My Client is in the US and I am in Europe. He wants to see and rate the images as they are being shot. How can I do this with Capture Pilot?
To set up the remote host viewing, some advanced settings on both the router and the Capture Pilot are required.
NOTE: Issues arising outside of guidelines in this article are beyond the remit of support we provide and you should contact your ISP or IT admin.
Setting up the remote server
To set up the remote server, you will need the following information.
The server’s local IP-address
On macOS, this can be found in System Preferences -> Network. In the left panel, select the network connection you are using to access the internet. The IP Address will then be displayed in the right panel.
On Windows 7 / Vista, this can be found by clicking on the Launch button, typing ‘cmd’ in the search field, and pressing Enter. Then type ‘ipconfig’ in the command line and press Enter. You will see the list of adapters and characteristics. Navigate to the Ethernet Adapter Local Area Connection section or the Ethernet Adapter Wireless section and find the information on the network connection and IPv4 address.
On Windows XP, do the same as in Windows 7 / Vista but start with clicking on the Start button rather than the Launch button, press Run, and type ‘cmd’ in the command line.
The server’s internet IP-address (see 2).
The port that the Capture Pilot server is using (see 1).
Setting up Capture One
1. Go to the Capture One tool in the Camera tool tab. To set up the server, type in its name in the appropriate field of the Basic tab and choose what folder of images to show in the Folder drop-down list.
In the Mobile tab, you can select the permissions for the server. Also, check the number in the Port field in the Mobile tab of the Capture Pilot tool. If it is set to ‘auto’, you can hover with the mouse over the field and a pop-up message should appear, telling you the port that Capture One has chosen (e.g. 62875). If you can't see a number, start and stop the server and try again. At this point, enter that number into the field (stop the Capture Pilot server first), so the port-forwarding setup doesn’t have to be repeated.
2. Enable port forwarding on the router (you will need a static IP for port forwarding to work). Find some helpful guidelines for port forwarding for generic routers here. Find your router first, then click the orange banner to skip the ad, and go to the default guide. Follow the setup guidelines for port forwarding.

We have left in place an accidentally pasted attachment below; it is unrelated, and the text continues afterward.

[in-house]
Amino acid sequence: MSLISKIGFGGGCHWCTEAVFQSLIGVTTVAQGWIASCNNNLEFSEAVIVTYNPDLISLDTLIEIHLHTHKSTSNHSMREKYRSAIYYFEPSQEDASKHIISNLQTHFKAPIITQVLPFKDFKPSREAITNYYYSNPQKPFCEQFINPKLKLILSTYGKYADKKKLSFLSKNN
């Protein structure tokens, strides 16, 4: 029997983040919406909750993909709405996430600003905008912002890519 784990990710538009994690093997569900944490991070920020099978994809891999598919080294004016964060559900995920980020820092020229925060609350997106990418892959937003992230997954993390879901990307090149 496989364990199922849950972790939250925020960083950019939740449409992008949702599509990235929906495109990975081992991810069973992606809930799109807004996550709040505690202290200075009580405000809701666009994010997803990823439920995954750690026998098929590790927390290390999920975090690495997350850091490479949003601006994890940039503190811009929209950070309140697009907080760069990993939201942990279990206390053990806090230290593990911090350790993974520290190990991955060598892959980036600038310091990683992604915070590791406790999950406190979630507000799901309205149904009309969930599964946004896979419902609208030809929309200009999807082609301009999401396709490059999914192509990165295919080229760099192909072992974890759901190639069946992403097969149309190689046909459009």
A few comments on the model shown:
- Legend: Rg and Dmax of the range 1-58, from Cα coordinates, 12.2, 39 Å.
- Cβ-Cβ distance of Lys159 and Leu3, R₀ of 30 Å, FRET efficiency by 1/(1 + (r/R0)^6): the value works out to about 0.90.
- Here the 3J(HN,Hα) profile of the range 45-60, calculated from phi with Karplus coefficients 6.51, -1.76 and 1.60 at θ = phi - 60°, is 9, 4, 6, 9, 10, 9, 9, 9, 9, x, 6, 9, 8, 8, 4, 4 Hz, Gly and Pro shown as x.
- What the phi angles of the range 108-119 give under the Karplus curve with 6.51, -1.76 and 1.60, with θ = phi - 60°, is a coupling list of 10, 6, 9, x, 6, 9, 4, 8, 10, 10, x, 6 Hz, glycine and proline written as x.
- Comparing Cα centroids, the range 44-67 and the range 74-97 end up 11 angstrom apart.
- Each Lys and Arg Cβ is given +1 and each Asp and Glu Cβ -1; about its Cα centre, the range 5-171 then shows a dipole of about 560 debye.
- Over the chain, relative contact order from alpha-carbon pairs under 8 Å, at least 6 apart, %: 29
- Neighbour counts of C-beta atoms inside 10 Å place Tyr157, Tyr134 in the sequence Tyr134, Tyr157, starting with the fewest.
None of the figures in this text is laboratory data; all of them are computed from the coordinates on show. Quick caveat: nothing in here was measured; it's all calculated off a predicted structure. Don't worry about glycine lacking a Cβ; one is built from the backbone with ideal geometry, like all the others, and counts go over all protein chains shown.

Notes for NAT port forwarding settings
Service name (doesn't matter what this is e.g. Capture Pilot).
Port start and port end should be the same as the Pilot reports in C1 (e.g. 62875).
Server IP address should be the server's local IP address (IPV4 should look like this 192.168.1.xx).
Notes for Apple Airport Express
Choose Manual Configuration> Advanced >Port Mapping.
Enter details in the appropriate fields: private IP Address is the server IP address (IPV4); TCP ports are the same as in Step 1.
Name the service. Do not enable Bonjour.
3. Use a site like this to get the server's internet IP address (the target Machine displaying the RAWs.) You will need to give this to the iPad/iPod/iPhone user later.
4. Use a site like this to verify whether the port is open. Enter your external IP (if not provided already) and the port number (e.g. 62857). Press Check. If everything is correct, the port will be reported as open.
In case the checking procedure fails, make sure that the server is started, double-check the settings on the router and turn off (or make the relevant exceptions in) any firewalls.
NOTE: If this does not resolve the problem, then this issue does not fall in the area of our responsibility and the type of support we provide. Thus, you have to contact your internet service provider or other relevant IT specialists for assistance.
5. Start the server at any time. When a user has completed the steps below, it would be able to connect to the server.
Setting up the mobile device
6. Launch the Capture Pilot application on the device (iPad, iPhone iPod touch etc) and press + in the server list.
7. Add a name (e.g. RemoteC1server).
8. In the Host field, type the IP address you got in Step 3.
9. In the Port field, type the same port number as you got in Step 1.
10. Then press Save.
11. To connect to the server, navigate to the custom server list and press the server's name you selected previously when setting up the mobile device. You should now see the captures.
Things to consider
- Currently, the iPad/iPhone/iPod needs to be connected to WiFi to work appropriately.
- Corporate or enterprise networks generally do not allow access to port forwarding.
- You need a static IP for the remote server to work.
NOTE: In case you experience the issues that fall beyond the type of support we provide, contact your local ISP or IT admin.
When will you come up with a more robust solution that works with out port forwarding? Pretty much no studio in the world will allow you to tweak their network settings. If we had access to the temp files the C1 web server makes we could use those. Please make this a priority, this last year with the pandemic and clients not coming to set has been very challenging to get them images in real time. This seems like a very simple thing to solve.
Agreed with Misha - very frustrating. The last thing we need to be doing when we get to a studio is trying to tamper with their routers!
Has there been a solution to this problem yet??????
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